The likely newest addition to the 42-year-long list of unsuccessful New Jersey Republican Senate candidates was determined tonight. After an agonizing back-and-forth, the Associated Press called the state’s GOP primary for former Reagan speechwriter Jeff Bell. (Cory Booker was uncontested on the Democratic side.)
Amazingly, Bell is one of the 14 Republicans that were defeated in that 42-year period. In 1978 — when Booker was nine — Bell lost to Bill Bradley by a wide margin.
Lots of things can happen between now and November; nothing in politics is set in stone. But given Booker’s wide margin in the state’s special Senate election last year (and predictions from experts handing him a likely win), it seems unlikely that a miracle will happen. Which is kind of the thing with miracles.
State Sen. Joni Ernst (R) has won the GOP Senate primary in Iowa, easily avoiding a potential convention vote to determine the party’s nominee.
She’s at 53 percent with 22 percent of precincts reporting — well above the 35 percent she needs to win outright tonight. Her nearest competitor, Sam Clovis, is at 18 percent.
AP has called the race for Ernst.
Ernst surged late in the race and got both establishment and tea party support, moving past the erstwhile GOP frontrunner, businessman Mark Jacobs. Ernst was backed by both Mitt Romney and Sarah Palin.
In the general election, Ernst gets Rep. Bruce Braley (D). Braley, as we’ve noted, begins as the slight frontrunner. This is a second-tier GOP target, but still one very much worth watching.
Ernst made a name for herself in the GOP primary with an ad in which she used the metaphor of castrating hogs to suggest her approach to spending if she heads to Washington.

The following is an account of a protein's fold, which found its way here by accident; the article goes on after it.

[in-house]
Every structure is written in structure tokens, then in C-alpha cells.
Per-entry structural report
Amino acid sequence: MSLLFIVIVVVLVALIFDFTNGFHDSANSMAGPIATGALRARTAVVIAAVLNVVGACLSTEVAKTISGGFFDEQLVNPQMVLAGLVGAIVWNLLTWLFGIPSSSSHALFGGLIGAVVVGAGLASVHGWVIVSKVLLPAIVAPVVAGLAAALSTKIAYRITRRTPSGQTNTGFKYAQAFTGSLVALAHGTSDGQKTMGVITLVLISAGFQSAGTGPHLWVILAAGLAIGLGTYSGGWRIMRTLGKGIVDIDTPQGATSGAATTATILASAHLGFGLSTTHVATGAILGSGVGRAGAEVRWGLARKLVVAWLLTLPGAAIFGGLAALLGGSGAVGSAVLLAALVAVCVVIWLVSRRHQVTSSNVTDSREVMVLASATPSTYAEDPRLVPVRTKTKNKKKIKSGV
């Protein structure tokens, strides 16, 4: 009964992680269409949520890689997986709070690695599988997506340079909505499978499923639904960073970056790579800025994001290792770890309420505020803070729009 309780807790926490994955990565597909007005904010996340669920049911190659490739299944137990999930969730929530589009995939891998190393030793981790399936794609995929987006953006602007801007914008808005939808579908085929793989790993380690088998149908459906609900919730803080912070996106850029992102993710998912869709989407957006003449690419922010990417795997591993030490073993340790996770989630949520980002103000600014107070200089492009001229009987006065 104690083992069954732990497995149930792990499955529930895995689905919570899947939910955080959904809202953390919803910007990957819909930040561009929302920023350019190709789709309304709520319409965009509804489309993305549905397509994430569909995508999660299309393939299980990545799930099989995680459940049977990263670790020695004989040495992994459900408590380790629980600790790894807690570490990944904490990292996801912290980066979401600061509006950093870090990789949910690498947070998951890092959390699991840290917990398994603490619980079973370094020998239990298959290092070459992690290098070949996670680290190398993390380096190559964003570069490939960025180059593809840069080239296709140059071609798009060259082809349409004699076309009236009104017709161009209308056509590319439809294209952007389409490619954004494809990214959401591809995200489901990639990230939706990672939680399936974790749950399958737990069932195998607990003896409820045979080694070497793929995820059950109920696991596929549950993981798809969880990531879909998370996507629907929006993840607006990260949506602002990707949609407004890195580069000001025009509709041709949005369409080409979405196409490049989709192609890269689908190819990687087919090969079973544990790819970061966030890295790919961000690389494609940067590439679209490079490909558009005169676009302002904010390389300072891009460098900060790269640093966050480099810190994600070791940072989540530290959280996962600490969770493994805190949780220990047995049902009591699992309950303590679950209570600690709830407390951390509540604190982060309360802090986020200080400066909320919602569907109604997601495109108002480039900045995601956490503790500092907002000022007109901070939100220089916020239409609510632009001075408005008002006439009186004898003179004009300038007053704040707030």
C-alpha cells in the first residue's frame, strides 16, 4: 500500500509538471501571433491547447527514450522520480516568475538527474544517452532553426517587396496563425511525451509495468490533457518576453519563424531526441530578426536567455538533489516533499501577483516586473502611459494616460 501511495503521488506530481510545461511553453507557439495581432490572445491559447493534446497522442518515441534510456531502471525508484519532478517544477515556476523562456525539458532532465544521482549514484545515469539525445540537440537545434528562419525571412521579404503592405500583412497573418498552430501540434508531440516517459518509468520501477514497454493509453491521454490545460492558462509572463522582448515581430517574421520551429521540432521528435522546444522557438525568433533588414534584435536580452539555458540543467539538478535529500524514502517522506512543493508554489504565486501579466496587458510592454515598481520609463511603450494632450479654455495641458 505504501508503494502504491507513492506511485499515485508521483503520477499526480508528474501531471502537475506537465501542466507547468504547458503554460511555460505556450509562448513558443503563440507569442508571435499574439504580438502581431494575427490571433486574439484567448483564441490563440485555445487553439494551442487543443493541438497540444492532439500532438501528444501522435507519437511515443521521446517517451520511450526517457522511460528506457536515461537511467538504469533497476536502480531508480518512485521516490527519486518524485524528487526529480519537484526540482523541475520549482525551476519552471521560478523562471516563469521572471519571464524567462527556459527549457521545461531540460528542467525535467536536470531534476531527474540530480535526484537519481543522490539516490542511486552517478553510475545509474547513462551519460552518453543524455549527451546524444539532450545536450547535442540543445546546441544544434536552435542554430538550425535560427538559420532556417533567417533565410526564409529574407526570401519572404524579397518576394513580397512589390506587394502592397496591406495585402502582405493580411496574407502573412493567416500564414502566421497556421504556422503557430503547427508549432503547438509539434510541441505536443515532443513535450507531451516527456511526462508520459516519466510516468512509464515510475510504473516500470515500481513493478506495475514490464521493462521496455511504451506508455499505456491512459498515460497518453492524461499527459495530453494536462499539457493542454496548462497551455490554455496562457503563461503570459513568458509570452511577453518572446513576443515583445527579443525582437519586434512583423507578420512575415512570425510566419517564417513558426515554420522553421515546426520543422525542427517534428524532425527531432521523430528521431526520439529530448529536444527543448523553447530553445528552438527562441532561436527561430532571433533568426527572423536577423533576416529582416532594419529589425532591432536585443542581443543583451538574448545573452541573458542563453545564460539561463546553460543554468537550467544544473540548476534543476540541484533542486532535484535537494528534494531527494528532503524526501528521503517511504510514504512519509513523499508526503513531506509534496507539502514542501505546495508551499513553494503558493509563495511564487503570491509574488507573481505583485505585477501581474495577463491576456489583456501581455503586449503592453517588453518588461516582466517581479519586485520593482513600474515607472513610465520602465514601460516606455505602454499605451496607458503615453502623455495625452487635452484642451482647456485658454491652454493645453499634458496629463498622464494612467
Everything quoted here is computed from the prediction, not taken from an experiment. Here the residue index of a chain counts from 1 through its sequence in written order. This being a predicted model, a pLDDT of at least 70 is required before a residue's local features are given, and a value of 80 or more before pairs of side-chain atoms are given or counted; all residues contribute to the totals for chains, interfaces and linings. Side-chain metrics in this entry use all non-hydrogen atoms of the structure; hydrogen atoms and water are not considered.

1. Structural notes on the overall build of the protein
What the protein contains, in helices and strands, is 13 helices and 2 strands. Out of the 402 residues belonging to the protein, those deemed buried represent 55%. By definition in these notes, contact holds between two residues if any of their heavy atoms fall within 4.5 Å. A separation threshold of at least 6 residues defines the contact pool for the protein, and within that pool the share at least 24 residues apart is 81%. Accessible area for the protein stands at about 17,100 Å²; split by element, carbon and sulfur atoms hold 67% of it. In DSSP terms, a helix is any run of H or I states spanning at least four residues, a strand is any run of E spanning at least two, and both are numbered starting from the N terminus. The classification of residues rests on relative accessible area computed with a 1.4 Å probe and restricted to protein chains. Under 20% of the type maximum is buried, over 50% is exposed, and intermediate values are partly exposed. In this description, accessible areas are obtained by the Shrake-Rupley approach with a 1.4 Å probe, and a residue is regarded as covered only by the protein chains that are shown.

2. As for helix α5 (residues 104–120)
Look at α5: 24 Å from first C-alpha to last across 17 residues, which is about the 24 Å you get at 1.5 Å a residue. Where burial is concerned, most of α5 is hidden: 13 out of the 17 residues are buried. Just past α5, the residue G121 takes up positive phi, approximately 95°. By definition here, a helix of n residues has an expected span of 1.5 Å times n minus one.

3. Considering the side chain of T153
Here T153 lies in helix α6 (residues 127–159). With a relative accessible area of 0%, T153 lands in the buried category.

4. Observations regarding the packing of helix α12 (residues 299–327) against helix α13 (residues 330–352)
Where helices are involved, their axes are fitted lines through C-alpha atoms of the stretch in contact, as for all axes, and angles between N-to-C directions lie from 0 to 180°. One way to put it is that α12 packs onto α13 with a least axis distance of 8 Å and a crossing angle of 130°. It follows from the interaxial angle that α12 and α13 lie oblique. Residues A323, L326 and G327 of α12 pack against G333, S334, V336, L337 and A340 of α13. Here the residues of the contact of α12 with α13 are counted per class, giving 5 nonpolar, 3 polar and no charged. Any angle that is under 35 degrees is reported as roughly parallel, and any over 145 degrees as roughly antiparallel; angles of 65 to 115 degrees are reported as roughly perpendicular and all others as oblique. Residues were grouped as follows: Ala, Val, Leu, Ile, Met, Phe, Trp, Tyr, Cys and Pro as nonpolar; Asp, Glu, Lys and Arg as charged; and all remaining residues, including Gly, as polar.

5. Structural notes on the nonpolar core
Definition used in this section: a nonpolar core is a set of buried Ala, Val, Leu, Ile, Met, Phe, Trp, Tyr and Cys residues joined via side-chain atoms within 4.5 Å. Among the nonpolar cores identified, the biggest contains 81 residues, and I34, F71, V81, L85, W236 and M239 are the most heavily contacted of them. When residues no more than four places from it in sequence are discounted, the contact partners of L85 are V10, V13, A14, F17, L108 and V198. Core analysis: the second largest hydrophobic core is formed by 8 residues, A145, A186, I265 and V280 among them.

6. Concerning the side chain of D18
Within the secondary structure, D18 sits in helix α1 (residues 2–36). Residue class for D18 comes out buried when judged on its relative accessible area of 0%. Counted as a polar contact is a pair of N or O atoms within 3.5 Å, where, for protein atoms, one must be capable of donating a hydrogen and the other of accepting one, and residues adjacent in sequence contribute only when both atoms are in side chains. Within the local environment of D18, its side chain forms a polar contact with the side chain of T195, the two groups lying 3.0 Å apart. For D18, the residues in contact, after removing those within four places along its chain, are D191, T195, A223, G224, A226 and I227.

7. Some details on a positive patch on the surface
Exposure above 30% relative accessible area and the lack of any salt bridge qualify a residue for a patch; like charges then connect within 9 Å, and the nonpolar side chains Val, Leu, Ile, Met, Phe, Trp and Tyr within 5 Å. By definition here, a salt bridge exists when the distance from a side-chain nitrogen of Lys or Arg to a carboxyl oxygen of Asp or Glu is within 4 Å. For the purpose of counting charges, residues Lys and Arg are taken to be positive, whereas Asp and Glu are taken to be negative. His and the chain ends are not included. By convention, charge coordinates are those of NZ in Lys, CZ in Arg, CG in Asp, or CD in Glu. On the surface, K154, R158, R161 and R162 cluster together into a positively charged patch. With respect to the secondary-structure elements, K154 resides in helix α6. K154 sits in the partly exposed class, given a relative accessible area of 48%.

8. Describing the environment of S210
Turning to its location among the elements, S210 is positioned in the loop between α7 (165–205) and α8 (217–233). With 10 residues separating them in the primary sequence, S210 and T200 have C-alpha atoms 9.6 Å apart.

The other major Senate matchup of the night is now counting votes after Iowa closed its polls at 10 p.m. EDT.
The big question here, of course, is whether state Sen. Joni Ernst (R) gets to 35 percent in her primary. If she does, she wins. If she doesn’t, a party convention decides the nominee, and who knows what happens.
Waiting in the general election is Rep. Bruce Braley (D-Iowa), who is considered the favorite.
Of course, Iowa is a swing state, and Braley hardly looks bulletproof early on. Republicans feel like Ernst could turn this into a close race rather quickly.
New Jersey’s Steve Lonegan, last seen lying in a crumpled heap beside the path Cory Booker took to the United States Senate, has lost his bid for the Republican nomination for the state’s 3rd congressional district. Lonegan, who lost to Booker in last year’s special Senate election, was defeated by Tom MacArthur, a businessman and local elected official who had establishment support over the conservative Lonegan.
The district is currently represented by Republican Rep. Jon Runyan, who announced last year that he would not seek reelection. Runyan had harsh words for the Republicans seeking to replace him, at one point calling the contest “ugly as Hell.”
MacArthur will face Democrat Aimee Belgard, who won her party’s nomination by a much-wider margin. Belgard also holds local office. Unlike most of this fall’s House races, this is expected to be a contest. Real Clear Politics lists it as “leans GOP,” but others call it a toss-up and Democrats hope it will be an opportunity to gain a seat.
Lonegan, however, will have to sit it out. After his last 12 months, though, that will probably be something of a relief.
The two races of note in Mississippi are both very, very close.
State Sen. Chris McDaniel (R) took a brief lead over Sen. Thad Cochran (R-Miss.), but Cochran is back up 50-49 with 32 percent of precincts reporting.
In the 4th district, Rep. Steve Palazzo (R-Miss.) leads party-switching former Rep. Gene Taylor (R-Miss.) by less than 100 votes with 26 percent in.
It’s still very early in both races, but both look very tight and would be headed for runoffs as it stands.